Six states reject Microsoft settlement

At least six of the 18 states involved in the Microsoft antitrust case are refusing to sign the US Department of Justice's settlement agreement, saying it doesn't go far enough and they will seek a tougher, court-ordered remedy against the software giant.

In US District Judge Colleen Kollar-Kotelly's courtroom, the states' lead trial counsel, Brendan Sullivan, said the states were evenly split in thirds: one-third of the states are willing to sign on to the Justice Department settlement with Microsoft, a second group wants to proceed to litigation and the remaining third is undecided.

The states opposing the settlement weren't named. Only Massachusetts has publicly rejected the Government's settlement. But it is widely expected that California, which has the money and expertise to continue the case and is home to some of Microsoft's staunchest competitors, will take the lead in pursing the case.

This means despite the settlement agreement announced by the Justice Department, Microsoft will have to continue its court battle against the dissenting states in a series of remedy hearings scheduled to begin in March.

Once those hearings are concluded, it will be Kollar-Kotelly's job to impose a remedy against Microsoft, which was found to have violated US antitrust law by illegally maintaining its monopoly.

It is clear from the latest hearing that future settlement talks aimed at bringing this historic case to a close are unlikely to succeed.

Sullivan said an out-of-court agreement was still possible, "if Microsoft is open-minded on the issues, and the mediator believes some progress can be made".

But John Warden, lead trial counsel for Microsoft, said the vendor has given enough and more talks are pointless.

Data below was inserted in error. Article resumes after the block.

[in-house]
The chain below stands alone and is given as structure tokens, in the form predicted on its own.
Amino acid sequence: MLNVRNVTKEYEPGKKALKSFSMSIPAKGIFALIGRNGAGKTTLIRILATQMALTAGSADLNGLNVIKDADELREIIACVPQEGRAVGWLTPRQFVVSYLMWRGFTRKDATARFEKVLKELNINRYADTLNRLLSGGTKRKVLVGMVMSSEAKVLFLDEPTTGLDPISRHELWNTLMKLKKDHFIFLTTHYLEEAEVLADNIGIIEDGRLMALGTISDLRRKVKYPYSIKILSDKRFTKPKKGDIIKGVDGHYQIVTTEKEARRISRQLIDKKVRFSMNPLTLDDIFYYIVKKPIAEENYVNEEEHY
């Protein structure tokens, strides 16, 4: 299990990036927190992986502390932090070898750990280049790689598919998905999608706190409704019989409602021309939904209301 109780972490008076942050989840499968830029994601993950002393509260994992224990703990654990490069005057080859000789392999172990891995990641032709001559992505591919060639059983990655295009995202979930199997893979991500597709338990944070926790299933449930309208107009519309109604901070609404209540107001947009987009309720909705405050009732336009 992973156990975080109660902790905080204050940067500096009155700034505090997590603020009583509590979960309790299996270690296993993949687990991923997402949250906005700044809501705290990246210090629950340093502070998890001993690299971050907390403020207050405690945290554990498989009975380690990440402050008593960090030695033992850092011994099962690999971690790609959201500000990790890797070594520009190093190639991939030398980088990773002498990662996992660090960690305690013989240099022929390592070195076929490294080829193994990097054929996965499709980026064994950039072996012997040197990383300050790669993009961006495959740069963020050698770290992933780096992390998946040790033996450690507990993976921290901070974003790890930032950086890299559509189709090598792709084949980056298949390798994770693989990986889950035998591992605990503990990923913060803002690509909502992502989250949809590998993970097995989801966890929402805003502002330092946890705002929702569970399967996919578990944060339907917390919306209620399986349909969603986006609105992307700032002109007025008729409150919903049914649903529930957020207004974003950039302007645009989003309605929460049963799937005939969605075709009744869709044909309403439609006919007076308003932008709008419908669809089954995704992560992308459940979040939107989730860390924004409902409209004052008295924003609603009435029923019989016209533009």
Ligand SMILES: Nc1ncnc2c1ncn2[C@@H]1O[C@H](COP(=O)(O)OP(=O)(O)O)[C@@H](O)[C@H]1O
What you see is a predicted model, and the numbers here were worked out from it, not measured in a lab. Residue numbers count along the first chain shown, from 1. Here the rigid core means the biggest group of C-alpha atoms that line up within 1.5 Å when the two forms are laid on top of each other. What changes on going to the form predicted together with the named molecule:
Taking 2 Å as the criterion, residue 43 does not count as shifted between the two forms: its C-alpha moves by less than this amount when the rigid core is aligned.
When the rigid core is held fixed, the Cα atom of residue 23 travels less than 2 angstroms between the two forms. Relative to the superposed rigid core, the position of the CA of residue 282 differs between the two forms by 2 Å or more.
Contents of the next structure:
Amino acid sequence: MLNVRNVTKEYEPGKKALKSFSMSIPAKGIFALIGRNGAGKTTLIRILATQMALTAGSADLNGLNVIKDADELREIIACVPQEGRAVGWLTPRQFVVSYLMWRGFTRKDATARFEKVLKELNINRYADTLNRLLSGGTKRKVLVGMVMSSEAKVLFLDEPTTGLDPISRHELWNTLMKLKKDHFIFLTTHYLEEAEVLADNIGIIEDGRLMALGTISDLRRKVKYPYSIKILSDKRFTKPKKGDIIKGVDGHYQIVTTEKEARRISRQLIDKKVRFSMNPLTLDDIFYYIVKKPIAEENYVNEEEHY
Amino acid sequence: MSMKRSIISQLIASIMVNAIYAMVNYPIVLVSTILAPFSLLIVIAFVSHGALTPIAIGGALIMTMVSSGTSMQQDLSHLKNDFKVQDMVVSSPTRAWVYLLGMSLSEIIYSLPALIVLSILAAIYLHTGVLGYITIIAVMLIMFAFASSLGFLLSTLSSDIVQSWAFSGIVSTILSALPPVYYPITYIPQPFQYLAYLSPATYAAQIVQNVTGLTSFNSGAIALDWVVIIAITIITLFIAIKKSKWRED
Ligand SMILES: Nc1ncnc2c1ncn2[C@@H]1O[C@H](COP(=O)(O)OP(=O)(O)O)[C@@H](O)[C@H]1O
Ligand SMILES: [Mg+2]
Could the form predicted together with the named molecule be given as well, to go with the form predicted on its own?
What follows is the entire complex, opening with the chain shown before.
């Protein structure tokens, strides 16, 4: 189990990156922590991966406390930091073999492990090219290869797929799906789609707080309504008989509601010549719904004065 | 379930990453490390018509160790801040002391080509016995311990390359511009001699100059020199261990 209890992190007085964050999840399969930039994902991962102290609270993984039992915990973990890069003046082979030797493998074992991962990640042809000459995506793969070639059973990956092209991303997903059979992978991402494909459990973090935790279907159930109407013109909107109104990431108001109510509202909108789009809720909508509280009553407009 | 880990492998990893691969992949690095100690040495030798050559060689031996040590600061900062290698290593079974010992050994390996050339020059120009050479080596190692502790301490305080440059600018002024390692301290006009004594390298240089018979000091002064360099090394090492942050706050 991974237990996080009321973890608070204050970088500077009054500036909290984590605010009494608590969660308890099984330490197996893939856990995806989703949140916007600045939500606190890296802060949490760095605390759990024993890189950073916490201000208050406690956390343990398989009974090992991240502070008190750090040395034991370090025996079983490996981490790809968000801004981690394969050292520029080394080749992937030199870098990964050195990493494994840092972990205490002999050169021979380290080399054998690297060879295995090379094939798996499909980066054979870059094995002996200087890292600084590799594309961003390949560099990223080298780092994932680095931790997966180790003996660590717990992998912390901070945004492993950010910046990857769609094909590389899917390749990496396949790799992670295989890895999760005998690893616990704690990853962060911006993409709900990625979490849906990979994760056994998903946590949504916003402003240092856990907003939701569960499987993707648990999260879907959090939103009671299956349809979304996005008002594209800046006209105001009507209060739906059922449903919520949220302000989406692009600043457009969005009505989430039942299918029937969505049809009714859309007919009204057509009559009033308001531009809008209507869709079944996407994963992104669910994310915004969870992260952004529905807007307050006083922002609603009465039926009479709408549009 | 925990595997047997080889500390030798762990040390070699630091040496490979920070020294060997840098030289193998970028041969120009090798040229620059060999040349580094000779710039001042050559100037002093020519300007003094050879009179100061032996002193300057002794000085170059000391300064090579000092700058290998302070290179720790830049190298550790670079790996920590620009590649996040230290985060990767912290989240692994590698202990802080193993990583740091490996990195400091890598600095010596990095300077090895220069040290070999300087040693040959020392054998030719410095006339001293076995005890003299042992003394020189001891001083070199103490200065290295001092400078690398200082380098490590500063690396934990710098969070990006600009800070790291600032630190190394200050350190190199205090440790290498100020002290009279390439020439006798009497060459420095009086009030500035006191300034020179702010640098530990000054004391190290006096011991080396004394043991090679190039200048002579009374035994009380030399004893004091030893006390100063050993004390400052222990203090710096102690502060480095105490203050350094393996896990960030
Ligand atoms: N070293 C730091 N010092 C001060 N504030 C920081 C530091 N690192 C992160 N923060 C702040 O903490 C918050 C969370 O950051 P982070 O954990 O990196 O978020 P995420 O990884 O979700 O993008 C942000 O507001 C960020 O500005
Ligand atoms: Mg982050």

"The issues in this case have been beaten to death, and they have been beaten to death by people who are worn out," said Warden, in a booming voice. "Microsoft believes the settlement process has come to an end."

The settlement was widely attacked by industry groups that have supported the Government case, but defended by Justice Department officials. US Attorney General John Ashcroft earlier said the "proposed settlement puts in place enforcement measures that will require Microsoft to disclose internal operating system interfaces and protocols. Those disclosures in turn will create opportunities for independent software vendors to develop products that will be competitive with Microsoft's products."

The settlement is broadly designed to protect a range of applications that have the potential, as did Netscape Communications Web browser, to threaten Microsoft's operating system monopoly. Those products include browsers, media players, instant messaging applications and any future products.

As part of the agreement, Microsoft would be required to disclose its application programming interfaces.

The agreement also includes a number of protections for PC makers and requires Microsoft to license its operating system to PC makers on "uniform terms" for five years.

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